But despite the increasing awareness of marketers of this better place, brands have been slow to change. Relatively few marketing directors can truly claim to have achieved unified inbound/outbound interaction.

Many continue to run inbound and outbound separately, each channel as a silo – perhaps because culturally and physically their marketing departments are structured that way. But they have also been slow to change because they have used single point solutions for campaign delivery since the supporting technology for interaction unification has not really been there for them. That is, until now.

Optimising interactions

The effective unification of inbound/outbound campaigns requires marketing automation software that’s capable of building and accessing a cross-channel, single customer view, as well as both outbound and inbound offers made to the customer and their responses. The software then has to be able to evaluate a database of perhaps hundreds of current offer possibilities and select and present relevant ones in ‘real-time’ during the inbound customer interaction.

It also has to select from and interface with outbound channels to deliver timely, personalised follow-up offers - for example, an offer by email or in next day’s post as a follow-up to contacting the call centre or browsing the web site.

Driven by demand from marketers who want to do better, marketing automation technology has moved on. Today, more advanced cross-channel solutions use sophisticated analytics to evaluate what can amount to hundreds of marketing rules to determine which offers the customer is eligible for, selecting those that appear relevant to the customer based on a cross-channel, single view of the customer and previous campaigns, and presenting them at an optimised frequency - not so often as to annoy the customer but often enough to best tempt take up.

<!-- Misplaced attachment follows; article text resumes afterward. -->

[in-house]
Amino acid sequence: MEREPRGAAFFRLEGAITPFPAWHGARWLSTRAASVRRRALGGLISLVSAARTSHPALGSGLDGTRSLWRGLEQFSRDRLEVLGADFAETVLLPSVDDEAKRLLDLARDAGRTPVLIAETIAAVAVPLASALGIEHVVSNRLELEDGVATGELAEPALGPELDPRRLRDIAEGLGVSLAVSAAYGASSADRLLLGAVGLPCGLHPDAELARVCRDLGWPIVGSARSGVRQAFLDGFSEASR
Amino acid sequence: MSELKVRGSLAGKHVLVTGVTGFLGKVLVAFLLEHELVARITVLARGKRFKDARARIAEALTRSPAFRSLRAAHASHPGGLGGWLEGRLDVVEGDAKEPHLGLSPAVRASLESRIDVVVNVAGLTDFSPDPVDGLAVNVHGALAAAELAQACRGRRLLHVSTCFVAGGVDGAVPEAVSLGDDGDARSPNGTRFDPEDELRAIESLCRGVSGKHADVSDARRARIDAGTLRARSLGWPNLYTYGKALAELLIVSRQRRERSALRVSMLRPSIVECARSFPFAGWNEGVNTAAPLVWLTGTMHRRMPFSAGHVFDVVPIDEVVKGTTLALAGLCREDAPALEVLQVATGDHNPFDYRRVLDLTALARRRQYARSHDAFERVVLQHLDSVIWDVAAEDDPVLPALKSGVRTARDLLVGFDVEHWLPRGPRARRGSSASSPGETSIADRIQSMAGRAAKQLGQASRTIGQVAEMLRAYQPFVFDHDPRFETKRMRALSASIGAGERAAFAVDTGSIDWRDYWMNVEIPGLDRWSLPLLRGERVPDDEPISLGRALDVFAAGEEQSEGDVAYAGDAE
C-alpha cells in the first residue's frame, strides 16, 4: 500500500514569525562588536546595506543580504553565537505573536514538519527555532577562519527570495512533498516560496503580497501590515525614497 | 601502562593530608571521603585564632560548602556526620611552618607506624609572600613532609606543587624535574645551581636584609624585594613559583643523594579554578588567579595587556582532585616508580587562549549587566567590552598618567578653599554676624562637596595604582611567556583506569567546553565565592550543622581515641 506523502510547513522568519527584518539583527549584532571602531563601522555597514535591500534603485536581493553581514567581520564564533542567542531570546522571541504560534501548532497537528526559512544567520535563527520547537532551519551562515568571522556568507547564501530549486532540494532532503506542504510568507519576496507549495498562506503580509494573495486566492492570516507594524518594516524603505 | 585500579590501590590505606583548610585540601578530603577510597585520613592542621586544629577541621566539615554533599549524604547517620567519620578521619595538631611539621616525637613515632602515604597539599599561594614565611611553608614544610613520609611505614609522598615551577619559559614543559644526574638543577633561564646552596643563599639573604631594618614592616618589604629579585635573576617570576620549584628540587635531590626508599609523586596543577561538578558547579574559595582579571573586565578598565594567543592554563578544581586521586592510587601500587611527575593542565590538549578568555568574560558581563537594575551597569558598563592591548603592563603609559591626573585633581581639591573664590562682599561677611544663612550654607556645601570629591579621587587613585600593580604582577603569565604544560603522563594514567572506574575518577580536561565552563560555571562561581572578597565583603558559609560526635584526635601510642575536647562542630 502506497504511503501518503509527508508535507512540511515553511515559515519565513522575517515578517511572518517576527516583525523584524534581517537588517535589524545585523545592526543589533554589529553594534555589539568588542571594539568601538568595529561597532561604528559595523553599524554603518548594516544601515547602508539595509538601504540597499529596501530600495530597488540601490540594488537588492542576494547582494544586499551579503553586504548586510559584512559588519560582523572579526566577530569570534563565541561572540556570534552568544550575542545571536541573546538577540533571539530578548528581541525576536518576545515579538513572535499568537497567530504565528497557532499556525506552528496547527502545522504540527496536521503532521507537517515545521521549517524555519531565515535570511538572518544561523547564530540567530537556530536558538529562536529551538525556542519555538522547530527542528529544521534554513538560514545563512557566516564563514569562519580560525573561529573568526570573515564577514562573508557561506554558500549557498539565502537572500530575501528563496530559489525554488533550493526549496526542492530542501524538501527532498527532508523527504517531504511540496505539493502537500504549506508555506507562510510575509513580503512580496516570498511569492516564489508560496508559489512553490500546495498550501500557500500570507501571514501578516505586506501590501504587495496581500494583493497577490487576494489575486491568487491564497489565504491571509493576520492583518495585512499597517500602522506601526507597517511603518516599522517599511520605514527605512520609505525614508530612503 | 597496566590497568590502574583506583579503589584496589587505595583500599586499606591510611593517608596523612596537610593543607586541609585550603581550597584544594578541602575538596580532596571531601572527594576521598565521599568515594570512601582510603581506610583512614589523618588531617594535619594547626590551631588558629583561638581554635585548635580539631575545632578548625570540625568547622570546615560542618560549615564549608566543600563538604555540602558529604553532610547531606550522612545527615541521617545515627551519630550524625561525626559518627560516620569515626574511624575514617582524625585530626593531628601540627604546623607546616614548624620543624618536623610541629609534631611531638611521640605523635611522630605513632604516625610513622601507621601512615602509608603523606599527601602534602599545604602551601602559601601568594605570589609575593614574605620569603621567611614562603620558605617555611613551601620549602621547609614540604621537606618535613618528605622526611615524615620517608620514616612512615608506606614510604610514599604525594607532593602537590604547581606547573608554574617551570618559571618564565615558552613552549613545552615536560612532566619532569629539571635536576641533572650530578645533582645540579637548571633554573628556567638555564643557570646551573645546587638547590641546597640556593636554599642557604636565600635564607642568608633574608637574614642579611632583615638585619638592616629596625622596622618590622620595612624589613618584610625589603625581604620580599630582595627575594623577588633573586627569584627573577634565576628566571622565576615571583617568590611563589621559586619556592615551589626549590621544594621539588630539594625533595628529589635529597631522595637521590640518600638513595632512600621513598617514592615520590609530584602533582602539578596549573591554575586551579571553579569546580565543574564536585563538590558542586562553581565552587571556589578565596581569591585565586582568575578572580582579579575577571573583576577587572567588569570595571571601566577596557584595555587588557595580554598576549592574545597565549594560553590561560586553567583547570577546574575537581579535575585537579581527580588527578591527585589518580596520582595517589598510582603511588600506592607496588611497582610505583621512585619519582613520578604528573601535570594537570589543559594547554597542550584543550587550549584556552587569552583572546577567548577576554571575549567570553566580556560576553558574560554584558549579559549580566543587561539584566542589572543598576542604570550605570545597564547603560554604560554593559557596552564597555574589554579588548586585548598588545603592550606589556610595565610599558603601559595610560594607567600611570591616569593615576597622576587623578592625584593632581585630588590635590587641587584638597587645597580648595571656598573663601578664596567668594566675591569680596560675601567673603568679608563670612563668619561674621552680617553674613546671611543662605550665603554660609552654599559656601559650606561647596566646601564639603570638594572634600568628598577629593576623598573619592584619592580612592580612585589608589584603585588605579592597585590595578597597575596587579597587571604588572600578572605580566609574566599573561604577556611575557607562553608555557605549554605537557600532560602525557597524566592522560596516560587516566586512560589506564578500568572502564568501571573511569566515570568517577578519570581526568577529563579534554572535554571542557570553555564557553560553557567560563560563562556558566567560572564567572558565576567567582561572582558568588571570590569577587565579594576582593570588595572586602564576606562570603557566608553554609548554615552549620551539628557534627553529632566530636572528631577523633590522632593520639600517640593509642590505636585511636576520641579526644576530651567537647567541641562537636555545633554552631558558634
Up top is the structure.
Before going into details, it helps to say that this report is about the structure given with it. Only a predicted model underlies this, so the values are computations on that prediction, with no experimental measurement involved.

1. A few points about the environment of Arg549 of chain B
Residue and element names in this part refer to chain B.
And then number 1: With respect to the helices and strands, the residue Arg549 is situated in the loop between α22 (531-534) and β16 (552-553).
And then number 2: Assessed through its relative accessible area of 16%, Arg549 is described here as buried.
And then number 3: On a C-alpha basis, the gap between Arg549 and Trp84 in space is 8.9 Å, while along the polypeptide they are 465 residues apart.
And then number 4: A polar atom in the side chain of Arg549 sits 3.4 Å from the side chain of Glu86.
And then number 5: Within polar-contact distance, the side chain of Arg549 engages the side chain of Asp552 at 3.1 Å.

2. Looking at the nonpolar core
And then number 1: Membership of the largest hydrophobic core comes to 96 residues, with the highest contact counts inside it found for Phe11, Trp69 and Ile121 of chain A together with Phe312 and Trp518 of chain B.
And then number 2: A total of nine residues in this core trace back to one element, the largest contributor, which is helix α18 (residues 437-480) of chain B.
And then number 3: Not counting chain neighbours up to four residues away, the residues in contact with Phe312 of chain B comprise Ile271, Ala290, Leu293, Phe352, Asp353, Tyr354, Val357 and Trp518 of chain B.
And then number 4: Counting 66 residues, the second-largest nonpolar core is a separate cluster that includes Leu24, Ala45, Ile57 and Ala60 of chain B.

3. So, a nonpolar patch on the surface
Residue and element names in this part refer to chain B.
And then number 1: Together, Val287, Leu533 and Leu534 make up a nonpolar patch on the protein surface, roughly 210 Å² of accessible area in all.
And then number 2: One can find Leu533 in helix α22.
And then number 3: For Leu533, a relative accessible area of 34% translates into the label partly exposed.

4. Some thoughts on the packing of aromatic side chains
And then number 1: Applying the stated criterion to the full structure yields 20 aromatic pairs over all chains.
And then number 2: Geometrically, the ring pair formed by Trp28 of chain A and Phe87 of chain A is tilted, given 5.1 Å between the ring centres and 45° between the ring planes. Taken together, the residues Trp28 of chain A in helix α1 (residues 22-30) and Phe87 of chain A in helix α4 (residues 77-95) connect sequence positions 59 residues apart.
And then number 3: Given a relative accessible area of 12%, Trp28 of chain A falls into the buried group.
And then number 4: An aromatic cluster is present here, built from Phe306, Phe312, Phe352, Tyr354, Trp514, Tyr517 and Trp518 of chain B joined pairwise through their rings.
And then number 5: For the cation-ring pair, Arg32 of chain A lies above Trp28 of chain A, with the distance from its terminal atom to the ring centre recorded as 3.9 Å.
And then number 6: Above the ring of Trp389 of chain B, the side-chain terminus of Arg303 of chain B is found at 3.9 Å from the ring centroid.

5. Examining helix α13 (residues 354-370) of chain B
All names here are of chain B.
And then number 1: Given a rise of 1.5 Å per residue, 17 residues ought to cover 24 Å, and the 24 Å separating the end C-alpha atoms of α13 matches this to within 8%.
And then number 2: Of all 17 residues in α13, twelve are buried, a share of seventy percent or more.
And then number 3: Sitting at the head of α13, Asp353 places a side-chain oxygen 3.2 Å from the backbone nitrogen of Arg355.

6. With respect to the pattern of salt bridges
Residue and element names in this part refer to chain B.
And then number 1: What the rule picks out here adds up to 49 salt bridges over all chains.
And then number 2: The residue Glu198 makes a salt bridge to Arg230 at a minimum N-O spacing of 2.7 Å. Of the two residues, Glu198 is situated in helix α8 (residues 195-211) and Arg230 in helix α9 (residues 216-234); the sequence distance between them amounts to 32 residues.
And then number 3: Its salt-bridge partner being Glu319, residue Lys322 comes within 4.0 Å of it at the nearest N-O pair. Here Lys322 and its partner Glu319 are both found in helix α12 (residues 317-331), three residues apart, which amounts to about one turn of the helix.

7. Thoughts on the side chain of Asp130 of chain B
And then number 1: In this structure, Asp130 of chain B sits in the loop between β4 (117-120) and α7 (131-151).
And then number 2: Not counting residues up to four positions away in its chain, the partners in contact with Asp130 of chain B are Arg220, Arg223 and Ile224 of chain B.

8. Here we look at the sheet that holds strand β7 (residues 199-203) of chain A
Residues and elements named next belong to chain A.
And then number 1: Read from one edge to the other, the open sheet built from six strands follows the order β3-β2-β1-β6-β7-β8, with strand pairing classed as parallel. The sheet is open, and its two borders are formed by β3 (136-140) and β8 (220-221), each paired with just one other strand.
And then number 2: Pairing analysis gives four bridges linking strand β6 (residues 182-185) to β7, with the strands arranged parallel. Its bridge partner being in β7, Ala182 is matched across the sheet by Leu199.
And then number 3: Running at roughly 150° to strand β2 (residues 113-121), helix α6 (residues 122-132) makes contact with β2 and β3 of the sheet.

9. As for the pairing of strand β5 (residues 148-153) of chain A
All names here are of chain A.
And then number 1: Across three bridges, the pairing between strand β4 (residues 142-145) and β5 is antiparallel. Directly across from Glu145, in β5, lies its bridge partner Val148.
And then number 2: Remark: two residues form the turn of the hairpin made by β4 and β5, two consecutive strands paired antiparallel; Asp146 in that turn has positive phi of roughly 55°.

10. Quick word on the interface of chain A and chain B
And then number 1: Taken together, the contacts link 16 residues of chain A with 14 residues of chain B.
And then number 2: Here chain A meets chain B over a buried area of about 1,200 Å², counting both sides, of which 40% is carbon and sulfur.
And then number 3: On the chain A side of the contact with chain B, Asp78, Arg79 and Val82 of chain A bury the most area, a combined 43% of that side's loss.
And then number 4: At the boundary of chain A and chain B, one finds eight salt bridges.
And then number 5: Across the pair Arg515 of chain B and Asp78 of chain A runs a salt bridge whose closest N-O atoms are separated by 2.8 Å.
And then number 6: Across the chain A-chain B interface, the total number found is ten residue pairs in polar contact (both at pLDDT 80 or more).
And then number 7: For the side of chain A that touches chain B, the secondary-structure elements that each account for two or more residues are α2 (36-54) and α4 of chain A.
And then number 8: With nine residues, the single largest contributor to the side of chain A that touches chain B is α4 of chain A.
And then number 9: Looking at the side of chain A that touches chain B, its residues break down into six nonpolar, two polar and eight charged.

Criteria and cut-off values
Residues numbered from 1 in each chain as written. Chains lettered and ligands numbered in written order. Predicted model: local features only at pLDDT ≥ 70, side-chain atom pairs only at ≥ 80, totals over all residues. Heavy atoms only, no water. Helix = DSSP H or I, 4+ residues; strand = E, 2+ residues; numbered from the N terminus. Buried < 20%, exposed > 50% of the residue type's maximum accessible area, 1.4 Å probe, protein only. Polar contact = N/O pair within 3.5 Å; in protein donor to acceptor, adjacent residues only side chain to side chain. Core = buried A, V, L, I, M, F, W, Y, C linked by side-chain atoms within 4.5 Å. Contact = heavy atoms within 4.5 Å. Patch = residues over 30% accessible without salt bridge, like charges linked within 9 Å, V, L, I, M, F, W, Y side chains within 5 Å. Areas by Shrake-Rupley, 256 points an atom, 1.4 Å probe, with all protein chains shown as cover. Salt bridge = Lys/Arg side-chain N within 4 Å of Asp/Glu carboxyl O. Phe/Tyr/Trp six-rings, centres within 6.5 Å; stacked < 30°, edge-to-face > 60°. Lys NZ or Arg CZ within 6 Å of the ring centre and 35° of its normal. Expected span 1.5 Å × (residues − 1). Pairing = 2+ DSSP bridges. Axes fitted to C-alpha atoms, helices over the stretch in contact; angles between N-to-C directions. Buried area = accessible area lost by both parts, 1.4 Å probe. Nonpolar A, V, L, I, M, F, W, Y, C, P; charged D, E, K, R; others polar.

It’s worth noting though that while many are actually restricted to coordinating campaigns just in outbound channels, the very latest systems extend to allow the real-time integration of both outbound and inbound communications, allowing interactions to be optimised for all of the customer and campaign intelligence the business holds.

Choose automation wisely

Marketing automation solutions that are able to unify inbound and outbound campaigns in real-time are typically based on a single platform, use a single database to serve all channels and offer the further advantage of a single style of user interface, irrespective of campaign channel.

But not all that are marketed as ‘integrated’ solutions offer quite the same degree of unification. Some are simply a bundle of separately conceived, often acquired applications that have been knitted together - ‘Frankensteinware’ requiring complex and risky technical integrations to deliver on vendors’ multi-channel marketing claims.

Often they present multiple user interfaces and use separate databases per channel and so simply create more silos. These weaker solutions typically exchange data only offline and, therefore, create campaigns that cannot take account of interactions rapidly enough to either ensure immediacy in real-time interactions or generate follow-up offline communications in a timely enough manner to catch the customer ‘still warm.’

Ultimately, marketing directors recognising the potential of unified marketing campaigns still face the challenge of confronting existing, often rigidly separate channel marketing processes and department cultures. But at least now the technology with the potential to unify and optimise inbound and outbound campaigns is out there to support that change.

Francois Laxalt is marketing innovation manager at Neolane.